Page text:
Federal Reserve officials signaled on Wednesday they’re prepared to move interest rates higher or lower as needed, but an unusual mix of risks means they could remain on hold all year.
Despite an economy that is forecast to grow above trend with low unemployment, policy makers are worried about external drags such as slowing European growth, the potential of a disruptive Brexit and the ongoing Trump trade war. Domestically, they are concerned about an inflation rate that is decelerating despite a labor market that is below their estimates of full employment.
The result is an interest rate policy that is on hold and might remain so even if some of these risks resolve into a more optimistic outlook. That’s basically the message in the minutes of the Federal Open Market Committee’s March 19-20 policy meeting released in Washington.
“The bar is high on moving up or down from here,’’ said Laura Rosner, senior economist at MacroPolicy Perspectives LLC in New York. “They don’t want to be boxed in, but the reality is they are unlikely to shift their stance.’’
Central bankers tried to signal they had options, saying in the minutes that several participants’ views on the policy rate “could shift in either direction based on incoming data and other developments.’’
At the same time, however, they said a “majority” of officials expected the economic outlook and risks “would likely warrant leaving the target range unchanged for the remainder of the year,” the minutes stated.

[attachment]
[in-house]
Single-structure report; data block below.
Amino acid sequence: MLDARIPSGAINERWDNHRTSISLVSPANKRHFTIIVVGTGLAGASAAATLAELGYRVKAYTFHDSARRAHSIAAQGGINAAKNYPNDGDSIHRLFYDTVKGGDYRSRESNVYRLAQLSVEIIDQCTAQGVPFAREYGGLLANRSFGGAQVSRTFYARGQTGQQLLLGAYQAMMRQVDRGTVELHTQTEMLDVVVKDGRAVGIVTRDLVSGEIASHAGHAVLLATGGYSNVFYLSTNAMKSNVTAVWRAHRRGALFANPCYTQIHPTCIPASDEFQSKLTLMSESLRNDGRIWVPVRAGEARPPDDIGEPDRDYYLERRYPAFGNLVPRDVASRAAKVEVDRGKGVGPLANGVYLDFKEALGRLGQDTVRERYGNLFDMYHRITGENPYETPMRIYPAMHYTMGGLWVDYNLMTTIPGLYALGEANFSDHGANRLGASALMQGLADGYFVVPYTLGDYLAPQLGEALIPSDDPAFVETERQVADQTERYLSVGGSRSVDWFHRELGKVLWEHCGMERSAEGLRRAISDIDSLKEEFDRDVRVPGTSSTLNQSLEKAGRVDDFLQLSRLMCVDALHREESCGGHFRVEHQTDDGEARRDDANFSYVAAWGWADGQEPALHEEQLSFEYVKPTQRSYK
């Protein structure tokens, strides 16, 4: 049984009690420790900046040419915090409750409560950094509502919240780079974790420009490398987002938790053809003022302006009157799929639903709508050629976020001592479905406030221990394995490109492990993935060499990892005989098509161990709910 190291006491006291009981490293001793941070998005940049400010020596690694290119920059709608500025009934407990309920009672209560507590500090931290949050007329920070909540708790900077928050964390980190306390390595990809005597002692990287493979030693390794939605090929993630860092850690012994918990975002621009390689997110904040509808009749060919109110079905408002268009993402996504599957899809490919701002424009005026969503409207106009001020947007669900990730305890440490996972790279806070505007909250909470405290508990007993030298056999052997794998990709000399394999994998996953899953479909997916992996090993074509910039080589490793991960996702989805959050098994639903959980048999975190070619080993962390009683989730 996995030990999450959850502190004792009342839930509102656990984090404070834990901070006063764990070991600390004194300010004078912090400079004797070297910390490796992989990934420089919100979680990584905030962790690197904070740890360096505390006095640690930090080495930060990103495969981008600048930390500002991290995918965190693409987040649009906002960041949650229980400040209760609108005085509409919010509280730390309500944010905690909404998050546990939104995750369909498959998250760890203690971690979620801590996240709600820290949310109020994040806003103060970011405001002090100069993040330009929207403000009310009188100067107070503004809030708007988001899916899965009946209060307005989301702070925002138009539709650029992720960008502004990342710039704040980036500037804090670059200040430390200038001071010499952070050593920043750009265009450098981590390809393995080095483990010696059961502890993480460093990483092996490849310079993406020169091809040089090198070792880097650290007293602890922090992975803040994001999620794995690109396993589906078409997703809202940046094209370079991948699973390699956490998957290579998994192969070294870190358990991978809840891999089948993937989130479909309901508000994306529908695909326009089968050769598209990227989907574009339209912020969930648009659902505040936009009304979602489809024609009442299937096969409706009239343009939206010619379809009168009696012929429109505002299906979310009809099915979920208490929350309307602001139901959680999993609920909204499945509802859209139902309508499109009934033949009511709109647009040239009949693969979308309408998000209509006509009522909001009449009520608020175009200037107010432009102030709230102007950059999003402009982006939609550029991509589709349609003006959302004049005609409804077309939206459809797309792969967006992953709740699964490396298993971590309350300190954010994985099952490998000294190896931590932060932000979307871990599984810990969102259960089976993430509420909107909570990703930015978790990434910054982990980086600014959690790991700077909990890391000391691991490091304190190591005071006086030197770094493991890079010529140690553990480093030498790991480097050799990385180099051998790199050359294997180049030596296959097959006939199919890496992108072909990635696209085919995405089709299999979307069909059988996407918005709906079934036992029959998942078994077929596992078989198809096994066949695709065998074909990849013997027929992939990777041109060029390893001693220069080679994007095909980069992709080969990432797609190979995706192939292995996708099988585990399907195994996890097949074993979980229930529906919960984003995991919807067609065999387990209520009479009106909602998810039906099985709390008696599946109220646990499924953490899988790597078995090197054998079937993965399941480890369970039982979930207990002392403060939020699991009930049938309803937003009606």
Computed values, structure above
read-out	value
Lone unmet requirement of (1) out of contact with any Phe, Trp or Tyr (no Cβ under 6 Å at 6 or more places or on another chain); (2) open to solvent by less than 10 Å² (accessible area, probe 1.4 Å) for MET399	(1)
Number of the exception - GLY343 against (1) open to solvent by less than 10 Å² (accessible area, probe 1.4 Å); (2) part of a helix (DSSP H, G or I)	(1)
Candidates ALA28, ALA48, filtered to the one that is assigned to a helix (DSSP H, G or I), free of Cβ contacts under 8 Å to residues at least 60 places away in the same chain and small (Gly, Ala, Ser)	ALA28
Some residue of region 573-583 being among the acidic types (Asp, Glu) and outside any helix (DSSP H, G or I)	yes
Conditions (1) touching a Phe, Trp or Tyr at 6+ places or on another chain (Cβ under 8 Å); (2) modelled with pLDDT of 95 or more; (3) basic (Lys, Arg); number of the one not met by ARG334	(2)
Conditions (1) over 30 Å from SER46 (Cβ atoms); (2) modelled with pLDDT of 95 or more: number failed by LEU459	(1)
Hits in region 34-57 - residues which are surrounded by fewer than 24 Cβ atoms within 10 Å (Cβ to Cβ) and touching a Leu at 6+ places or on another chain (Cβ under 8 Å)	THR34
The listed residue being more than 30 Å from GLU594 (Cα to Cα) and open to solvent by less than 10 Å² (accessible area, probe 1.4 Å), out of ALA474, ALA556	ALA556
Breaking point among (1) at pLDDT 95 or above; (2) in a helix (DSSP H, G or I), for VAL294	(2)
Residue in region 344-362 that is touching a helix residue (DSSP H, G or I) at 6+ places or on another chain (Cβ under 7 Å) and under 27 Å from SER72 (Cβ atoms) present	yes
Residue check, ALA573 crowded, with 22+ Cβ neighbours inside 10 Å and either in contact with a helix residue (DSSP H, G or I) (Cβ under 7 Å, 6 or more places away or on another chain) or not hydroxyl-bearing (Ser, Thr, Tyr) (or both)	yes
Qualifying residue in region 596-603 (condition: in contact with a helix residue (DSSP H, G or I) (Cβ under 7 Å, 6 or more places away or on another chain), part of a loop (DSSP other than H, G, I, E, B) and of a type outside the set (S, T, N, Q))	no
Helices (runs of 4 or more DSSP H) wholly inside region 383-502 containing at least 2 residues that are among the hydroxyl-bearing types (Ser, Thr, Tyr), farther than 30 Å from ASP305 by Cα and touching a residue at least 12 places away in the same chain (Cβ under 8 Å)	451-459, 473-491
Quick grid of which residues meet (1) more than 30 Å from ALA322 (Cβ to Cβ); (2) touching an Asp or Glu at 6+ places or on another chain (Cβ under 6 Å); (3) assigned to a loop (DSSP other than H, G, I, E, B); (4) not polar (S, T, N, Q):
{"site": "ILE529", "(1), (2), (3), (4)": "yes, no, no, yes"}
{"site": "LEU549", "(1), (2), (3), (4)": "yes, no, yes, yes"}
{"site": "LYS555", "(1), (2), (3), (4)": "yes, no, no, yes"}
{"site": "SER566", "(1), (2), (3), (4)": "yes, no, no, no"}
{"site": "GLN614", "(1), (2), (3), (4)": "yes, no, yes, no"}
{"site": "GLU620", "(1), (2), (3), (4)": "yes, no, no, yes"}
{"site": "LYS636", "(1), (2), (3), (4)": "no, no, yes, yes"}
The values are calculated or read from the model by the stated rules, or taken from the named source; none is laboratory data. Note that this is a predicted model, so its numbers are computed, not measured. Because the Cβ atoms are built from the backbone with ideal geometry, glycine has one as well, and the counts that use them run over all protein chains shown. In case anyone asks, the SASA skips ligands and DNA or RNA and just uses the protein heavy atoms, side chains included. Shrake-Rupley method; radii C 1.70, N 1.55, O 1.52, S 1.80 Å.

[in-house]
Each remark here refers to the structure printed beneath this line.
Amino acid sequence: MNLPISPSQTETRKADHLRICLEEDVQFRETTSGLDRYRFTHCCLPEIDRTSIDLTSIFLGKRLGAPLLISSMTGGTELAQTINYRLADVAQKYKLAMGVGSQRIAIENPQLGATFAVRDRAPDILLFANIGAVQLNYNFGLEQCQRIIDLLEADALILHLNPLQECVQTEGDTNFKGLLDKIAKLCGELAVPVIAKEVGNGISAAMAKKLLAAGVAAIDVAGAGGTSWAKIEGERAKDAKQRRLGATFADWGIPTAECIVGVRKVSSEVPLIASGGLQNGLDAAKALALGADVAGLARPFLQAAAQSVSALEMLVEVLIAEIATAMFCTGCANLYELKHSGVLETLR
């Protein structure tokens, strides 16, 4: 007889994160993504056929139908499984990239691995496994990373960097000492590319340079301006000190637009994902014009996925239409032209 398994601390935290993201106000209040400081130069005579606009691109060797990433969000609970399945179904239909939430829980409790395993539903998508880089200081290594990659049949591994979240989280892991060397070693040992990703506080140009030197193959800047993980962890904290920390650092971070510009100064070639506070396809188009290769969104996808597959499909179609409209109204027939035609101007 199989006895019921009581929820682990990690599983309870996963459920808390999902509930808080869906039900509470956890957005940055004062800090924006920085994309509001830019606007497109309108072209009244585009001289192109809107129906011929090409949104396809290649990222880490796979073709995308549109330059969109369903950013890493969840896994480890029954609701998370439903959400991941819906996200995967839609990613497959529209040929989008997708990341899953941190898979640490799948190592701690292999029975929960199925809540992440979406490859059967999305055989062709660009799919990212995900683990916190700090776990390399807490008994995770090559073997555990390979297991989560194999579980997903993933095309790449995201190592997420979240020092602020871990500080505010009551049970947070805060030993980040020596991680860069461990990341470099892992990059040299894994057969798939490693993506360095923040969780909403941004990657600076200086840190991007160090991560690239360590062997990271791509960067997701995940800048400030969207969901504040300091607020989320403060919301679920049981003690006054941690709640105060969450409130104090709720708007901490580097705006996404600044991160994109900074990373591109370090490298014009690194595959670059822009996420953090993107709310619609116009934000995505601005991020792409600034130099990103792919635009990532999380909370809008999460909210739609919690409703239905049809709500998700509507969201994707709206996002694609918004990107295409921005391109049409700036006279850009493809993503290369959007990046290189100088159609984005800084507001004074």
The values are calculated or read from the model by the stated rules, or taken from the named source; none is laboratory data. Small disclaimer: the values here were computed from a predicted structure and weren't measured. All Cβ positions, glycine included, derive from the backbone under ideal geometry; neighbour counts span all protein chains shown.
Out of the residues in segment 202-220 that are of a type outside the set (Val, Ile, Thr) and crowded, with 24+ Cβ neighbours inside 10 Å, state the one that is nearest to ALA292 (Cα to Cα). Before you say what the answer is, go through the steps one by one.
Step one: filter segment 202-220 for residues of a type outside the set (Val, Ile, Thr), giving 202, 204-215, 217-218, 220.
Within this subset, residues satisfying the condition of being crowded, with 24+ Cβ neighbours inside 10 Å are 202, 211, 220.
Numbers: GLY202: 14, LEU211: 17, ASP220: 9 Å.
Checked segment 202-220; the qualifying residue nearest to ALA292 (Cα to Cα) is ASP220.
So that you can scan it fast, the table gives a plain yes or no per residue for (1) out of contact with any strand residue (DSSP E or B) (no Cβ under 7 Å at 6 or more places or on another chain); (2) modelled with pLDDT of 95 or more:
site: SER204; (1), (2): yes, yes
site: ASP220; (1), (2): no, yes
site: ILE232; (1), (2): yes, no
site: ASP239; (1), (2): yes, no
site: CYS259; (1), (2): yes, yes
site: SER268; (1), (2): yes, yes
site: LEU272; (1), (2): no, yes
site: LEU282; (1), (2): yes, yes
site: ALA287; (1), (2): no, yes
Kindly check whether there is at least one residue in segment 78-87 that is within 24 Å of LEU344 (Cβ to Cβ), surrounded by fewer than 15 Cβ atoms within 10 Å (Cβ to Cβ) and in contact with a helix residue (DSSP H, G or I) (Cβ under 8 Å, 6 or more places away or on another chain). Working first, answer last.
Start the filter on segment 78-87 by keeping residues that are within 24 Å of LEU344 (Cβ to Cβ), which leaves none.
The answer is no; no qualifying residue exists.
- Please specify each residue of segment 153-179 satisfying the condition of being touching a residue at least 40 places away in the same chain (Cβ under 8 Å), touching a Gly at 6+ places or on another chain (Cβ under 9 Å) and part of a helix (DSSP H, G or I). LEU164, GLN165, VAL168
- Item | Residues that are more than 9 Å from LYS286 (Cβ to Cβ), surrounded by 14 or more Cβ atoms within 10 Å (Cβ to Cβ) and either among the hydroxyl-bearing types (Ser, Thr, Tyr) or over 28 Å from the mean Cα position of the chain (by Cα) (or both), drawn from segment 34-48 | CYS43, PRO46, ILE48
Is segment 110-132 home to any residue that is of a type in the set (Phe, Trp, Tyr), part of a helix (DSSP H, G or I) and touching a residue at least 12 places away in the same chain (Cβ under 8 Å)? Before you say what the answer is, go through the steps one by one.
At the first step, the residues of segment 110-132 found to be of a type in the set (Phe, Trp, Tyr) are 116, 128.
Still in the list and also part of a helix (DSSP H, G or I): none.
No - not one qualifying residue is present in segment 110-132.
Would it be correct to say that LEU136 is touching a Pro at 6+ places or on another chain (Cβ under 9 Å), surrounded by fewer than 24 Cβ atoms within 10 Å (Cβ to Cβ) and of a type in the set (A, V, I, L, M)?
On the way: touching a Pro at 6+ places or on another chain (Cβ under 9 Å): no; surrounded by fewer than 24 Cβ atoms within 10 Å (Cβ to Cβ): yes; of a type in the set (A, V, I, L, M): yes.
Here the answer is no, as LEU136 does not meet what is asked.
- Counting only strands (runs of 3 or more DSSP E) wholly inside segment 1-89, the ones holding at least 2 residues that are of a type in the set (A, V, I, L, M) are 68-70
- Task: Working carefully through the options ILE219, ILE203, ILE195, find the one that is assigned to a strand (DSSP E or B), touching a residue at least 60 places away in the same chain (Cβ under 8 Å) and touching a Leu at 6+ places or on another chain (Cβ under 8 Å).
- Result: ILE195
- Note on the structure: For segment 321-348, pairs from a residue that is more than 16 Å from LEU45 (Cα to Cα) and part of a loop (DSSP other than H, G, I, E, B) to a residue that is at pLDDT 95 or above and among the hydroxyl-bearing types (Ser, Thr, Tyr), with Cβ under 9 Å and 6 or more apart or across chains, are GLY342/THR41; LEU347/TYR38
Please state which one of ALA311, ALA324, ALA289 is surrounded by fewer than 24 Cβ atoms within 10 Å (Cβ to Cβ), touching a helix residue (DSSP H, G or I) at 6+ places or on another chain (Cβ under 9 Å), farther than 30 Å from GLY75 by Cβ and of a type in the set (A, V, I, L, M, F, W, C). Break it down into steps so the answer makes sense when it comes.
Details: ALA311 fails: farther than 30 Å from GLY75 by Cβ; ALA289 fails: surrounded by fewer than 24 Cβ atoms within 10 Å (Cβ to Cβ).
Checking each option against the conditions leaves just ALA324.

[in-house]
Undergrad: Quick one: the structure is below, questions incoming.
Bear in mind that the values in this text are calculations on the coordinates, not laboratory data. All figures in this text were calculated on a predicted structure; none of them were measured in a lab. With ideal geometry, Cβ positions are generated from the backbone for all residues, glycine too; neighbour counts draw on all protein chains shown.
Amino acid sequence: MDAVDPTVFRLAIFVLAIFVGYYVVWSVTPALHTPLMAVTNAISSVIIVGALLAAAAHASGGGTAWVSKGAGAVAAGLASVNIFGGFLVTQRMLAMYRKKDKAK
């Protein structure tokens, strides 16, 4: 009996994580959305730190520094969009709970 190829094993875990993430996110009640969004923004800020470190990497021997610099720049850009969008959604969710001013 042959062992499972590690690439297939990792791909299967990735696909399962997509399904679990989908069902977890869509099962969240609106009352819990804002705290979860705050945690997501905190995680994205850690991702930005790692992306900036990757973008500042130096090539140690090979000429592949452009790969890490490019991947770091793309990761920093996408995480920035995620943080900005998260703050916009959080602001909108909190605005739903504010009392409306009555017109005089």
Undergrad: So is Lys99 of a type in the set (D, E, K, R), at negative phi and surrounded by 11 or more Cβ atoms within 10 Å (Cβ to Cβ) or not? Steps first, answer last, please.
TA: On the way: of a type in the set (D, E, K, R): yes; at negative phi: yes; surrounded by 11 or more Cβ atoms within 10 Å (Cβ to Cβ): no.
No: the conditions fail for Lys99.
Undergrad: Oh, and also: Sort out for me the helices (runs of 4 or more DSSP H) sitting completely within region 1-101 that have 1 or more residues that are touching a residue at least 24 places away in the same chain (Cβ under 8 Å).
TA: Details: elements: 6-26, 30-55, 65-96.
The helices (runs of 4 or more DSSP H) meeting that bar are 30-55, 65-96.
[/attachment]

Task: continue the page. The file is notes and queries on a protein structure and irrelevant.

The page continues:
Central bankers left the target policy rate in a range of 2.25 percent to 2.5 percent last month, and wrote down a median estimate for no hikes for the remainder of 2019.
Officials held a discussion about why inflation remains so low despite an unemployment rate of 3.8 percent in March. They wondered if labor markets had even more slack or if the public’s expectations about prices were undershooting their target of 2 percent per year.
“The discussion around inflation is still slightly downbeat,’’ said Michael Hanson, chief U.S. macro strategist at TD Securities in New York.
He added that the committee appears so concerned about the unresponsiveness of prices, that they might not raise the policy rate if inflation moved back to target as downside risks faded. “It is a close call,’’ Hanson said.
Price gains, according to the Fed’s preferred measure minus food and energy, decelerated to 1.8 percent in January from 2 percent in December. A Labor Department report earlier Wednesday showed a separate measure of core inflation unexpectedly slowed in March, potentially because a change in data collection may have pushed down apparel prices.
With prices stuck in a low rate of change, “some participants noted that the appropriate response of the federal funds rate to signs of labor market tightening could be modest provided that signs of inflation pressures continued to be limited,” the minutes said.
The Fed’s policy patience comes amid relentless criticism from the White House that is now urging the central bank to cut rates. On Tuesday, Mike Crapo, an Idaho Republican and chairman of the Senate Banking Committee, joined the chorus, saying rate hikes so far were creating “a little bit too much of a dampening” on the economy.
The minutes contained no discussion of Washington politics, and, if anything, officials also seem prepared to disappoint Republicans if they have to.
“Some participants indicated that if the economy evolved as they currently expected, with economic growth above its longer-run trend rate, they would likely judge it appropriate to raise the target range for the federal funds rate modestly later this year,” the minutes said.